heavy chain (α, δ, ε, γ, and μ). There are two types of light chain (κ and λ). IgG heavy
chains each consist of three domains of constant sequence, designated CH1, CH2,
and CH3, and one variable domain, designated VH. The light chains each consist
of one constant domain, CL, and one variable domain, VL. The VH and VL are
located at the two split ends of the Y-shaped protein. Fc is the stem.

The variable regions contain the antigen-binding sites in which hypervariable

sequences determine the exquisite specificity of antibody–antigen interactions. The
binding of an antibody to its antigen is highly specific and has a dissociation constant
ranging from 10–4 to 10–10 M. Because antibodies each have two identical antigen-
binding sites, a population of antibodies can form large antigen–antibody aggregates that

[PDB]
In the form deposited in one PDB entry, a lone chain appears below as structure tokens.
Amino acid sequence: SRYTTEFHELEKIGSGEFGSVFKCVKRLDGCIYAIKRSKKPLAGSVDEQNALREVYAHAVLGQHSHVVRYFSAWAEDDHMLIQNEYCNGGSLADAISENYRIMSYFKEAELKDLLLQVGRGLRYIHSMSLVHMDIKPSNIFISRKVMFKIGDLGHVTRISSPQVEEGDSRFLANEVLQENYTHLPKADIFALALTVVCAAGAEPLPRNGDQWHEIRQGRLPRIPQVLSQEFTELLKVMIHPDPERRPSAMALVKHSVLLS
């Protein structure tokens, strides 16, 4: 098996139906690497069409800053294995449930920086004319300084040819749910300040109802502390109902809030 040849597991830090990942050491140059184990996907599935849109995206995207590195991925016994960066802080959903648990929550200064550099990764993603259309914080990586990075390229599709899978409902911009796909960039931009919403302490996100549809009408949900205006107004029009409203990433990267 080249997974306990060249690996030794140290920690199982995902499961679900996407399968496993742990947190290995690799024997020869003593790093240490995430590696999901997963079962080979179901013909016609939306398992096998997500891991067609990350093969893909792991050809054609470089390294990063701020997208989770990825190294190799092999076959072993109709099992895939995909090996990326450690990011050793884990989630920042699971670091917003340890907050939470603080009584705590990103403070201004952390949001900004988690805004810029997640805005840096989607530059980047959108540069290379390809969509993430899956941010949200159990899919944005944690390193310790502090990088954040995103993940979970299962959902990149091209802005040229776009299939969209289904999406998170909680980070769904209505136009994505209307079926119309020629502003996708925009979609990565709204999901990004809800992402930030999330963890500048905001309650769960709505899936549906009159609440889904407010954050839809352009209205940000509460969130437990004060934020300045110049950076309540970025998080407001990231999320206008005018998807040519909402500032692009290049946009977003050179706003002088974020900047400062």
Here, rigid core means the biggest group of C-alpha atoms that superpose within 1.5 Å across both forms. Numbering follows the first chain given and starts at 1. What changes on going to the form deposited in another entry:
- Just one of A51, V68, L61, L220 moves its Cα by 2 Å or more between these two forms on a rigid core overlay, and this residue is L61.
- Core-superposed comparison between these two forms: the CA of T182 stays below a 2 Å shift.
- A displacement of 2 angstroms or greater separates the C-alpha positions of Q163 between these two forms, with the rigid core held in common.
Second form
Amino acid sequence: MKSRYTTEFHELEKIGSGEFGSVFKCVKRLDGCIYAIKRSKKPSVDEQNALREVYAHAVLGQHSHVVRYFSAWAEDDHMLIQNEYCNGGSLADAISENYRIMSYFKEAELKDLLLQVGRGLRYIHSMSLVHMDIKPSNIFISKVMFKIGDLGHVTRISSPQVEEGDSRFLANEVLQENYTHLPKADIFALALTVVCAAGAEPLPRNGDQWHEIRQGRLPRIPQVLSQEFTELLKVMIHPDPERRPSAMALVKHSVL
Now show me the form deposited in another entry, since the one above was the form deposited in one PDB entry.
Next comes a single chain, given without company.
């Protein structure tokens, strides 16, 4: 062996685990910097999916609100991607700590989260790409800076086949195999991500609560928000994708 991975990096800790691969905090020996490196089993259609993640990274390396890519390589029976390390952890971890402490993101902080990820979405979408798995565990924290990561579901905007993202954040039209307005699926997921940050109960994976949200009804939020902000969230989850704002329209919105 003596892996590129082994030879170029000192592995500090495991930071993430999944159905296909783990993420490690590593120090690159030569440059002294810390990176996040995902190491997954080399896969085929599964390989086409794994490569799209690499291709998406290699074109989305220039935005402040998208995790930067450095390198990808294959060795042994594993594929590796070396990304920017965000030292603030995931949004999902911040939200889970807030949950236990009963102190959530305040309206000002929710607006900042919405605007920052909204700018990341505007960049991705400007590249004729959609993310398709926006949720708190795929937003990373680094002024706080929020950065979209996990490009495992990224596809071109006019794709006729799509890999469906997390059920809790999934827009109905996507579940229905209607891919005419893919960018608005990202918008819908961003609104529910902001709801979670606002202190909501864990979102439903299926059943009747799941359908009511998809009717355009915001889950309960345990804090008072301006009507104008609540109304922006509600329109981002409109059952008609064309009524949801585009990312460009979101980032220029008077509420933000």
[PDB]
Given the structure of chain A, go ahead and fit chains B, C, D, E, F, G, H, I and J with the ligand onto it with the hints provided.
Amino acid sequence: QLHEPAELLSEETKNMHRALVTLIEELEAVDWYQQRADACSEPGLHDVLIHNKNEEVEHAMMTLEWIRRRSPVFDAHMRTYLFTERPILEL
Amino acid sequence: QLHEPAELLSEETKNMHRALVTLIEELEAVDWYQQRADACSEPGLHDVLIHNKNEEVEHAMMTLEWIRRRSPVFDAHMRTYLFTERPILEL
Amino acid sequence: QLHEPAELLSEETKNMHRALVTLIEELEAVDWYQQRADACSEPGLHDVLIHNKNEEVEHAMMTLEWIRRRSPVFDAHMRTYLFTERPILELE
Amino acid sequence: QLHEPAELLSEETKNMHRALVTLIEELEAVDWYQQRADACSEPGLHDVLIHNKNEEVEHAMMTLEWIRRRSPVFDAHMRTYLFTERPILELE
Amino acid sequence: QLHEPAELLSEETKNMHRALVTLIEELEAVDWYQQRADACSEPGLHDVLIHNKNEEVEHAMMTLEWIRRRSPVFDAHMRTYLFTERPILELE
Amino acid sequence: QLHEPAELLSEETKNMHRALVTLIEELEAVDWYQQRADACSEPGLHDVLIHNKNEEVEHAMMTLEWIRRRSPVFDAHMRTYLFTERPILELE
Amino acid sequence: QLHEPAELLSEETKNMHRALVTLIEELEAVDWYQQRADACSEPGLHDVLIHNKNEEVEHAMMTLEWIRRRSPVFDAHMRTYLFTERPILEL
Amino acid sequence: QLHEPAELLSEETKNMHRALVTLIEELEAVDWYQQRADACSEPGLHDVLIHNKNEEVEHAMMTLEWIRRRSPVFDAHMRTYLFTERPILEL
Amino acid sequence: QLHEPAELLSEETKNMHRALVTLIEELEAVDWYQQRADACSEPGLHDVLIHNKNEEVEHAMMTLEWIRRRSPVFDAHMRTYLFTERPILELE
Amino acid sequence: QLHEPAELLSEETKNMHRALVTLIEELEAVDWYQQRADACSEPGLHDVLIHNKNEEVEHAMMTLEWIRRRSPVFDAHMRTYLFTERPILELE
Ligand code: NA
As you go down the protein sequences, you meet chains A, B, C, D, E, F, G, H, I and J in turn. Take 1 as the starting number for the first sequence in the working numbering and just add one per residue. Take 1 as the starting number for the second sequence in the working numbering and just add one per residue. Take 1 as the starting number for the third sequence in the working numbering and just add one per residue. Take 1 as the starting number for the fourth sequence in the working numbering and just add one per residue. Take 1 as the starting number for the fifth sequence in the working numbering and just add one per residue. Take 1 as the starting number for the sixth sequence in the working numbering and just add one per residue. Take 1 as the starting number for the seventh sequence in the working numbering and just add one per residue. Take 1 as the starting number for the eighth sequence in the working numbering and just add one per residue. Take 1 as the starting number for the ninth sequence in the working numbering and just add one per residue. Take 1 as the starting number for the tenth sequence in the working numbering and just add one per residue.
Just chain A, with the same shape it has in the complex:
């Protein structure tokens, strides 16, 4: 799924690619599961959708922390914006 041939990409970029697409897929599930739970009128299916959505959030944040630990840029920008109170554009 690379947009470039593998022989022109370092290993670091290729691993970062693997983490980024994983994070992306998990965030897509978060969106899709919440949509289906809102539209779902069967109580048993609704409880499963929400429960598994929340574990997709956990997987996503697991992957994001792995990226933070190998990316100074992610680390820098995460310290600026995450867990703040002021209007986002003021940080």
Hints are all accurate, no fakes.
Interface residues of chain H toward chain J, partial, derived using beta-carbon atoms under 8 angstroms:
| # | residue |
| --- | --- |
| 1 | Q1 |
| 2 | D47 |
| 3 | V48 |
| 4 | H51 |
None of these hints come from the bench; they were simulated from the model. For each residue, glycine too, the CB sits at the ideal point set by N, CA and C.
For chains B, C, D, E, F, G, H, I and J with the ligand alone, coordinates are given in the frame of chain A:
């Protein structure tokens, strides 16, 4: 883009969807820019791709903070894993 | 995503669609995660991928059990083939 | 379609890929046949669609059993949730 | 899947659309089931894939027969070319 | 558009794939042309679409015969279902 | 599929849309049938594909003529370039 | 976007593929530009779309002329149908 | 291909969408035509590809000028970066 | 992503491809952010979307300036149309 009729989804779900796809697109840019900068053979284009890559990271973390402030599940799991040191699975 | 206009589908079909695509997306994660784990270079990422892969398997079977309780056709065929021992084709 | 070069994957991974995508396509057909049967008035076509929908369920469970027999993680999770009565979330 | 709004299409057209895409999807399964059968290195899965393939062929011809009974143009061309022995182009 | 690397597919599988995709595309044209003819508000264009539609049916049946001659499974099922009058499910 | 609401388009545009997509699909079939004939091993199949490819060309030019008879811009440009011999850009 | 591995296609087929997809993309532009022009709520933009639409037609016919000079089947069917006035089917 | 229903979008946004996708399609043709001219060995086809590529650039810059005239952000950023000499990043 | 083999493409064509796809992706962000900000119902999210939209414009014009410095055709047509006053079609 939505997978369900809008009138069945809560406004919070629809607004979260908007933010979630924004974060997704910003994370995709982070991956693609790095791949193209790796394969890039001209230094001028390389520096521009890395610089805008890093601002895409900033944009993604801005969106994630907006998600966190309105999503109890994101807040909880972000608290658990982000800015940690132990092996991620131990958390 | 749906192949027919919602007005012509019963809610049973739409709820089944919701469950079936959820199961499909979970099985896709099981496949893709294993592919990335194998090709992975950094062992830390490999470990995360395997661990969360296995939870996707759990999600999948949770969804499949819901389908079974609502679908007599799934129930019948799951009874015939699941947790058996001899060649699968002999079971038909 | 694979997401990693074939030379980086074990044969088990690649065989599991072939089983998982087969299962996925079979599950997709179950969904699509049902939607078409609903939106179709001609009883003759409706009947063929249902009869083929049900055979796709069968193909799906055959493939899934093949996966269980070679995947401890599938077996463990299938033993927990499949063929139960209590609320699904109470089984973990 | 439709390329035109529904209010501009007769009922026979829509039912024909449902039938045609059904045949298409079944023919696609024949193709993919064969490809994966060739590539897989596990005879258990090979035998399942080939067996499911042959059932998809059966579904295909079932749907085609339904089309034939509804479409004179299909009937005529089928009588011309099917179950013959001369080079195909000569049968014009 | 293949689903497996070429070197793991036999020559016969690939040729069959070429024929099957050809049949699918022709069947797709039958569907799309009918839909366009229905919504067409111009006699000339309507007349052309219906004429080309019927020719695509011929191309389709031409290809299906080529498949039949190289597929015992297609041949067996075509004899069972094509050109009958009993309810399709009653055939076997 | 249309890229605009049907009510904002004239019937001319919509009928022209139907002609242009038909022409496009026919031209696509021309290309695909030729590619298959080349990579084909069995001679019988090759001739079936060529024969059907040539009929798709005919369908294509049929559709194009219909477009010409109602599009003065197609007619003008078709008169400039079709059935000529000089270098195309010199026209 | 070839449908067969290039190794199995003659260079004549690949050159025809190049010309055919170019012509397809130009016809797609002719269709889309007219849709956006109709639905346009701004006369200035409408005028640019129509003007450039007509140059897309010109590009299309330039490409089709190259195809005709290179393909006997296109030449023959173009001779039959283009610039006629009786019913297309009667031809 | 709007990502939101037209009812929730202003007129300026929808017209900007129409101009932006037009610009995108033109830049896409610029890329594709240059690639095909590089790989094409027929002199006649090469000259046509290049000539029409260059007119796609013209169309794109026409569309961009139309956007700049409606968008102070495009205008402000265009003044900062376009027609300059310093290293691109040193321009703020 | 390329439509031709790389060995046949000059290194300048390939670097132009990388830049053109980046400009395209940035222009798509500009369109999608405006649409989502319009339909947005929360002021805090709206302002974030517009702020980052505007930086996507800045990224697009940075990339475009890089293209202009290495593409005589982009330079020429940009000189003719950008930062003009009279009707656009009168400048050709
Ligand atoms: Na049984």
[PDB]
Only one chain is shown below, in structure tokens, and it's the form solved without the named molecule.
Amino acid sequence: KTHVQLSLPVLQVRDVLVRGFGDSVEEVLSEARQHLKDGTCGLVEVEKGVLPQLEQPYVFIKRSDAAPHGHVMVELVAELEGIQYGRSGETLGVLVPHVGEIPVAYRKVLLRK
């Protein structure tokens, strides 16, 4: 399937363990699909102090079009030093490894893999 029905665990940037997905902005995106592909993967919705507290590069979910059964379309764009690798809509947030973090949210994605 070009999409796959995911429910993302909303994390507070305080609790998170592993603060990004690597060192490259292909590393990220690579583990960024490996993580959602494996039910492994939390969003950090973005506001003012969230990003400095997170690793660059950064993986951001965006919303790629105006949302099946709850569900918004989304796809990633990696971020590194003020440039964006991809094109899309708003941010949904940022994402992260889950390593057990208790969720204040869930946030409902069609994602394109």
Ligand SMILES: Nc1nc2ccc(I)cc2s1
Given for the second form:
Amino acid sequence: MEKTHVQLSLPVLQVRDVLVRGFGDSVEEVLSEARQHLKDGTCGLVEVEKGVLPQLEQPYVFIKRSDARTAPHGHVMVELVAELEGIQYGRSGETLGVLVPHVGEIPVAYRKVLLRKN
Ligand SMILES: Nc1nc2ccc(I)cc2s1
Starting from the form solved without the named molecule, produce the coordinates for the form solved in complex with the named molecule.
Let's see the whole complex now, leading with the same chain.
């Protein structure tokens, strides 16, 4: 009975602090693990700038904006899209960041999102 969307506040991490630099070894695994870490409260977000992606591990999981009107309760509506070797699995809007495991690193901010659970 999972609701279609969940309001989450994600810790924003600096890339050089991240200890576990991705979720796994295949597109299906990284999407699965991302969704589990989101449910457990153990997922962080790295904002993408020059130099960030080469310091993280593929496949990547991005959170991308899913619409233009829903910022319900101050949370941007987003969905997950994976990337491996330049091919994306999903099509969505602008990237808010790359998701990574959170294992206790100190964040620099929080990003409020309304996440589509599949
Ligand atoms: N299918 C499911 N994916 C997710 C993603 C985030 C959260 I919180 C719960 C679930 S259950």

hasten the removal of the antigen and induce B cell proliferation.

A B cell produces one kind of antibody. Antigens stimulate the proliferation of a

population of pre-existing B cells whose diversity arises from genetic changes that occur
in B cell development, including somatic recombination and somatic hypermutation.
Sequence variation allows the synthesis of potentially billions of immunoglobulins with
different antigen-binding specificities. In autoimmune diseases, the organism loses its
self-tolerance and produces antibodies against its own tissues. This process is
sometimes triggered by trauma or infection and may result from the resemblance of a
self-antigen to some foreign antigen. Autoimmune diseases have variable symptoms
ranging from mild to lethal.